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Previously in Patti's Garden

September 23, 2004

It's the first full day of Autumn - bright, golden, glorious. We've been busy filling bottles with our bumper crop of chile and cayenne peppers to make Aceto Diablo Chile Pepper Vinegar, which is now back in stock. Out in the upper garden, Lara is picking more of the jalapenos (it's their 3rd picking), and Ralph is bringing in the pumpkins.

It's been an incredible summer for peppers and tomatoes. We've been buried under an avalanche of tomatoes in what Ralph calls "the 100-year-flood" of tomatoes. We've put up more than 200 jars of Herb and Garlic Pizza Sauce, and cases of quarts of tomatoes for soups and sauces that we'll live on all winter. When I returned home late on Tuesday after a farmers' market the air was full of the rich aroma of tomatoes and bay, basil, oregano and garlic Ralph had been simmering on the stove.

All of the varieties we grew this year did extremely well. My favorite is still Enchantment, a deep-red plum tomato with wonderful complexity of acid and sweet flavors. Our trials, the Italian heirloom San Marzano Redorta and the Polish heirloom Polish Liguisa were impressive as well. Many of them weighed more than a half pound and they were meaty and virtually seedless. Ralph had staked every other plant and Lara wove twine between the stakes to support the plants which really thrived in this system. I credit the ample rain and sunny site with the success this year too. I know that in some locations farmers had trouble with tomato blight. Our soil is so sandy and our site so sunny that for us, the rain was a gift, not a hindrance.

The three varieties of Italian peppers are having a banner year too. The Giant Marconi seems to be the winner. The plants are prolific, the fruit huge and wonderfully sweet. The Italias came on first but produced less fruit overall than the Giant Marconi. Their flavor, though, is excellent. The Corno di Toros are coming on last; in fact, they're only now beginning to redden. Although the plants are loaded and I expect to harvest many, I probably won't grow them again because they come in so late.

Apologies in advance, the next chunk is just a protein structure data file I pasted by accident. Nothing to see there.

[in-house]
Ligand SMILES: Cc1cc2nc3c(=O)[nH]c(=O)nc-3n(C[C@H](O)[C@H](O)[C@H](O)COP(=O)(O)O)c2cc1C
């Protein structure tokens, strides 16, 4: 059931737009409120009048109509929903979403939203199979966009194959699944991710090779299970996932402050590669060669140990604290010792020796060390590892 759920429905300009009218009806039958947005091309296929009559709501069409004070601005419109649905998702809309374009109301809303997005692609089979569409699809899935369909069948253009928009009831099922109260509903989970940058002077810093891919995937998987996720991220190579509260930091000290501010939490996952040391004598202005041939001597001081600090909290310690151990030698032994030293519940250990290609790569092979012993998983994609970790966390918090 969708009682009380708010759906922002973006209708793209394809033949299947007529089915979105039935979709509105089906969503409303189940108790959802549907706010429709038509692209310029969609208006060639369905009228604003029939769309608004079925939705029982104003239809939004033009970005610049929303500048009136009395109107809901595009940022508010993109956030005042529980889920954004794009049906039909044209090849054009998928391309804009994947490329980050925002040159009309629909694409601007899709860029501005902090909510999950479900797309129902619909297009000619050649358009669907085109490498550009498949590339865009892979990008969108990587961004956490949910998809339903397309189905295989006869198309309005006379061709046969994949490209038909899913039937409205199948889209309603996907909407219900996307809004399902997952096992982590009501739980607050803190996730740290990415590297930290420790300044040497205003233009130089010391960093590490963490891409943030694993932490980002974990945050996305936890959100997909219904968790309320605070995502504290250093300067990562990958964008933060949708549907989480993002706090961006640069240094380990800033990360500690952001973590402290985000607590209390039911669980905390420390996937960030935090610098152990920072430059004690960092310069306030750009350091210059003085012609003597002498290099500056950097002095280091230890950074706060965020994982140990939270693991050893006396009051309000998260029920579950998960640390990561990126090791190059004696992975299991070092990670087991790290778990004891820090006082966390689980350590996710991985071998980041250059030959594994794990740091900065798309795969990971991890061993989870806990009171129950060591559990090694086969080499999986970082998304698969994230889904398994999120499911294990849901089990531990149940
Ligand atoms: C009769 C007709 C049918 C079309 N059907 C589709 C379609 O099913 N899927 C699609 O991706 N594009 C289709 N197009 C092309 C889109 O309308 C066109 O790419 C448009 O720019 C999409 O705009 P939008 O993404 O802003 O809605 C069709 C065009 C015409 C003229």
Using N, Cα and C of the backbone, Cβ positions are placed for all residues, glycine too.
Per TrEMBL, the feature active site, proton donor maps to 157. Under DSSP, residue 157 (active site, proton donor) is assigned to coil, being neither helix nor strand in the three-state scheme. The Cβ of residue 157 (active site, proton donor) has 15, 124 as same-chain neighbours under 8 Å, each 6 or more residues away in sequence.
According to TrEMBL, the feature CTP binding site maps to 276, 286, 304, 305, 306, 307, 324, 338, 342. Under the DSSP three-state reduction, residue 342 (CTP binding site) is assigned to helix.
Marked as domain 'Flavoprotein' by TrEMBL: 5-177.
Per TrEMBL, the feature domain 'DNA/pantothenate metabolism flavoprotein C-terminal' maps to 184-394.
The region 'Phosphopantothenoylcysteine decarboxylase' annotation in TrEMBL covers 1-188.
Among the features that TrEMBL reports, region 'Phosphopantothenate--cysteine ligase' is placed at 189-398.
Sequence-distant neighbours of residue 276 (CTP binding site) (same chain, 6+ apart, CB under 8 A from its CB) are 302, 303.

These wonderful Italian peppers are the foundation for our newest preserve, "The Mad Hatter's Pepper Preserve." We've run about four experiments in the kitchen, changing the recipe a bit each time to come up with something which we think is really good. For years people have asked us to make a pepper jelly, and I always explained that I couldn't find any recipe that didn't use pectin and I didn't want to start using the stuff now. I also didn't like the sweetness of a typical pepper jelly or the gummy texture that the added pectin gives it. I finally had an insight (in the bathtub, no less) and we used that technique in the first experiment. Although we used less sugar than in a conventional pepper jelly recipe, the first experiment was too sweet and not spicy enough for us.

As we refined the recipe, we switched from cider vinegar to a wonderful red wine vinegar which we infused with lemon basil. We also increased the proportion of chile peppers (jalapenos, cayennes and chiles) to Italian peppers. The result is a preserve whose flavor is a complex blend of pepper flavors with a spritely layer of lemon basil and perfect zip. As with all our preserves, the texture is softer than a conventional jelly or jam, but it will hold its own on a cracker with or without cream cheese, and is really wonderful with chicken and shrimp, either as a condiment or a coating. (Our friends have been testing our experimental batches and have provided these recipe hints. I'll try to get some into the next newsletter. My favorite used the pepper preserve with pistachios as a coating for shrimp.) Look for The Mad Hatter's Pepper Preserve to be available mid-October.

The Autumn raspberries are just coming on. The crop looks the best of any I've ever seen. Ralph and Peter built a new greenhouse structure over them from which we'll drape plastic to protect the fruit once frost threatens. The frame is really beautiful, built of wood rather than metal pipes. The top is gambrel-shaped, like a barn. That will get the first of the plastic. As the temperatures dip further, he'll drape plastic over the sides as well.

Now that the frame is in place, I'm sure we'll have a long, warm autumn, free from frost until the last date imaginable.

The last time the greenhouse structure protected our autumn raspberries late into the season we picked our last berries on the day that the people elected Al Gore president. That night we had a hard frost and then all hell broke loose. This year I plan to be picking raspberries on the glorious autumn day that John Kerry is elected in a landslide. And the Red Sox will win the World Series. Believe it.




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